As you travel up the mountain in the coal-fired steam engine, the train is alternately pulled and pushed by the locomotive. There are two switchbacks; the train backs into them, with the guidance of a switchman, and then the train chugs off again, this time pulling the cars.

switchman

The switchbacks are for power. These Shay locomotives go up the mountain on an 11% grade. Today’s train tracks are considered steep if the grade is 2%. These locomotives are the same steam engines that are used in the mountains of British Columbia, but they were retrofitted to use West Virginia coal.

switchback

For one trip up the mountain, the locomotive uses one ton of coal to produce the steam. The coal is shoveled by hand by the fireman, just like it always was.

Coal fired steam Shay locomotive

The scenery was spectacular and what a thrill it was to be riding in an open car up a steep grade with the train chugging on the rails and blasting its whistle and the coal cinders flying in your eyes. :-) It was cold, too. Snow and ice covered the tops of Bald Knob and nearby mountains.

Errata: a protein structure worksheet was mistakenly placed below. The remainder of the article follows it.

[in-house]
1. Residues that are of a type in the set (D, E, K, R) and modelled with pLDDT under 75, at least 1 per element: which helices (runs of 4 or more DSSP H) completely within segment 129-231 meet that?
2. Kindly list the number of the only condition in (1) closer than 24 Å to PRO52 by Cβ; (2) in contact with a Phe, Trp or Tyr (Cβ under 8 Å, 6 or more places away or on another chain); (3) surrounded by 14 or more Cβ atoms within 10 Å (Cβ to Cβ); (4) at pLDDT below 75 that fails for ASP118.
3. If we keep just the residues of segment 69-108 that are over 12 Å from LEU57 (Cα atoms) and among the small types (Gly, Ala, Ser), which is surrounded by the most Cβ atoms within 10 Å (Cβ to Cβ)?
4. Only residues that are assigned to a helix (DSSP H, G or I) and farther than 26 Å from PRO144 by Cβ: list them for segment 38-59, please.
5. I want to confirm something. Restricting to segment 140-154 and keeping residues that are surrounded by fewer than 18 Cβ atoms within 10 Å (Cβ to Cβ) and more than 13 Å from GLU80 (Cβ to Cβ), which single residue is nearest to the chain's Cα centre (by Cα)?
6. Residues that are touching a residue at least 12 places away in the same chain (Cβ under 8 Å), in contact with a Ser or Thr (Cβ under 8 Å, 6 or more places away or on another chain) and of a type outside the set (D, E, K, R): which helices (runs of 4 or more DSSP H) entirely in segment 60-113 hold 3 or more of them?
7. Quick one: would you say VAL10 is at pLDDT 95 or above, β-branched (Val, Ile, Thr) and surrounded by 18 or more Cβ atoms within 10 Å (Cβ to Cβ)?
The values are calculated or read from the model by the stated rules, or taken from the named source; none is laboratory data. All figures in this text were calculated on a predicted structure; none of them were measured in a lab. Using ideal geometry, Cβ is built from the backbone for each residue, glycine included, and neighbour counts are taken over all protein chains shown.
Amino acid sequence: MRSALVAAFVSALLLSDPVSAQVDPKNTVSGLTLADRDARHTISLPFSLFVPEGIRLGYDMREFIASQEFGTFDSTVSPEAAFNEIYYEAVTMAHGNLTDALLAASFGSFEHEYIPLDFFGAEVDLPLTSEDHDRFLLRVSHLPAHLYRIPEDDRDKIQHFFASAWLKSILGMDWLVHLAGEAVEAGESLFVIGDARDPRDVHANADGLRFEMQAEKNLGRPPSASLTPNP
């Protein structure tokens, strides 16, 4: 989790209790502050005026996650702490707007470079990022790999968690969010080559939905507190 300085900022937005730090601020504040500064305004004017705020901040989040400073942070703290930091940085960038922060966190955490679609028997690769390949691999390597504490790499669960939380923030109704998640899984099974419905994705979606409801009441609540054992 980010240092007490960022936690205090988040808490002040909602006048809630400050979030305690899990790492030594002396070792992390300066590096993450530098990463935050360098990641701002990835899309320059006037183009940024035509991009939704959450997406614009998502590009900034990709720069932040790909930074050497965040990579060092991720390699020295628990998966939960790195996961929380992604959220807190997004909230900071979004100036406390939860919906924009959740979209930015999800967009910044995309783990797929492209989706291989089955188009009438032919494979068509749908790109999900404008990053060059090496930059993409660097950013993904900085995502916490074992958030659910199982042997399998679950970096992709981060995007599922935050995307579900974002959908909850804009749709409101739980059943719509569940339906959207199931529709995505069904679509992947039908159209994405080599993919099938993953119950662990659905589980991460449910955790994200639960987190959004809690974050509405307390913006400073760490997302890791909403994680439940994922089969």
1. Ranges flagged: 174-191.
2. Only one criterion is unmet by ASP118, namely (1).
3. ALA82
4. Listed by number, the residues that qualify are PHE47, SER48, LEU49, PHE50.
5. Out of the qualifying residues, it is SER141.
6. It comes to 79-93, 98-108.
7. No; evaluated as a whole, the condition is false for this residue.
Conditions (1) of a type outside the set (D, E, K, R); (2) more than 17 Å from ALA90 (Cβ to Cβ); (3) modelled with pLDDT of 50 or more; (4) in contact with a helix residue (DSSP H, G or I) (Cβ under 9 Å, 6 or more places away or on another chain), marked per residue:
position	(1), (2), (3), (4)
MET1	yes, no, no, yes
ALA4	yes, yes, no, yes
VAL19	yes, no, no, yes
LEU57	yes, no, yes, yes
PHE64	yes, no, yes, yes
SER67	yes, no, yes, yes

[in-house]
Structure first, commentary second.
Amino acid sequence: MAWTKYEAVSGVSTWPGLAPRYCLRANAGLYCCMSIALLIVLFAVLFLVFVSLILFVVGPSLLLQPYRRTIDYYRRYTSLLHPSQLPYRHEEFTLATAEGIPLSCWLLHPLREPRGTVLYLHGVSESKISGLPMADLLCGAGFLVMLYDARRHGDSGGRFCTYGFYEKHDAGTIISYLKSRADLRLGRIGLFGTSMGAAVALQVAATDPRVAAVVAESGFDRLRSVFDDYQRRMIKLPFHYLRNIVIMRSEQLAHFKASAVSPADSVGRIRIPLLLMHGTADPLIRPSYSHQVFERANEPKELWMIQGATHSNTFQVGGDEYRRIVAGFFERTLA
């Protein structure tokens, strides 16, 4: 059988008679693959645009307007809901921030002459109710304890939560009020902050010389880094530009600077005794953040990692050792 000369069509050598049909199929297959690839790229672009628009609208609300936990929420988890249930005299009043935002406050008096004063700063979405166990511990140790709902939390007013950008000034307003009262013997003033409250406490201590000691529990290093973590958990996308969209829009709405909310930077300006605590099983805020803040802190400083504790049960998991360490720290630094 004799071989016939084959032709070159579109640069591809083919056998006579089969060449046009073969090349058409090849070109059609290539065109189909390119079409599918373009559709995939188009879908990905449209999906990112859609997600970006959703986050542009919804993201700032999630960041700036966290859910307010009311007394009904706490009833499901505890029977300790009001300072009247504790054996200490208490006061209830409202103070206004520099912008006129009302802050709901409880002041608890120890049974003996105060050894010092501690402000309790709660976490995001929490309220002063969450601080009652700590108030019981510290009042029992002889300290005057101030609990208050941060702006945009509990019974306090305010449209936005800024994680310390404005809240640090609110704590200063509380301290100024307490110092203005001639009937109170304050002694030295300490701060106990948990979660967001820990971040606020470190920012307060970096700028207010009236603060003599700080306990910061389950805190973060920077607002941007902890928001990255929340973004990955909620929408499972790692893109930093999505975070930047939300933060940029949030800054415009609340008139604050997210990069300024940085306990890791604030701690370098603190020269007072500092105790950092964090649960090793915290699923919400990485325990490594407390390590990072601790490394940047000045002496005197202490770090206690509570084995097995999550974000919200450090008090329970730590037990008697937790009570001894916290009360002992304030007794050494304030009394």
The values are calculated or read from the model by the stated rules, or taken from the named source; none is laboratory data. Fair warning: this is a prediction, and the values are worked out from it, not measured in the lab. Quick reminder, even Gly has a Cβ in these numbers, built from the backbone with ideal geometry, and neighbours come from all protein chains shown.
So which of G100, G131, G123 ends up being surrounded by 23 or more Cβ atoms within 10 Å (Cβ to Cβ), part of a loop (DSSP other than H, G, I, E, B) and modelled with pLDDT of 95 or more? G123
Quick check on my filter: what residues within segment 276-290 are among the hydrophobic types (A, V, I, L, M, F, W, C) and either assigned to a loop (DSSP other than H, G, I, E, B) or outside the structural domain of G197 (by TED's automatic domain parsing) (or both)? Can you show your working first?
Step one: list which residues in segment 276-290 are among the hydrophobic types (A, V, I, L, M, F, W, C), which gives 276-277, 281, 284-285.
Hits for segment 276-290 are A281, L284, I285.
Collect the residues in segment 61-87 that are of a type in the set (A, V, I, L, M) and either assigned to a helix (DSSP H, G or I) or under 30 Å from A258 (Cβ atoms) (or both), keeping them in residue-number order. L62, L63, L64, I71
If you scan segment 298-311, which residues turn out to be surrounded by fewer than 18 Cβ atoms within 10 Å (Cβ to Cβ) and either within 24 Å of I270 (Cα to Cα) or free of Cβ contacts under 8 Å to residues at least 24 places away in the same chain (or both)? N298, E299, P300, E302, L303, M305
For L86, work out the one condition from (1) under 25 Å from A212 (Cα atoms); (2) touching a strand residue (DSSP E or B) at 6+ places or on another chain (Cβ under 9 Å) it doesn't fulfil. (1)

fall day in the mountains

You can also take the full tour up to Bald Knob (and even spend the night in a rustic caboose). At 4700 feet it is the third highest point in West Virginia.

fall in the mountains

img_1393We were glad to  disembark at Whittaker Station for coffee and hot chocolate. Did I mention it was cold in the mountains?

Whittaker Station Elevation Sign

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The entire time we were on the train, I kept humming to myself “Life Is Like a Mountain Railway” a great old bluegrass gospel tune. Even the the wheels on the tracks kept the beat.

Life is like a mountain railway....

I wish I’d gotten a photo of the train stopping to fill up with water, but both of our phones had died by then. When we got back to the station, we checked out the Company Store and bought old fashioned root beer barrel candy; we stopped at the West Virginia Artisan Shop; and we had an early dinner of homemade chicken noodle soup and pulled pork sandwiches at the Cafe. While we were eating, the bluegrass  band Donna Ulisse and the Poor Mountain Boys was tuning up for a hurricane relief concert.

 

black clouds, red sunsetIt was a lovely day, and as we were going home over Cheat Mountain, the skies proclaimed glory with this fiery sunset.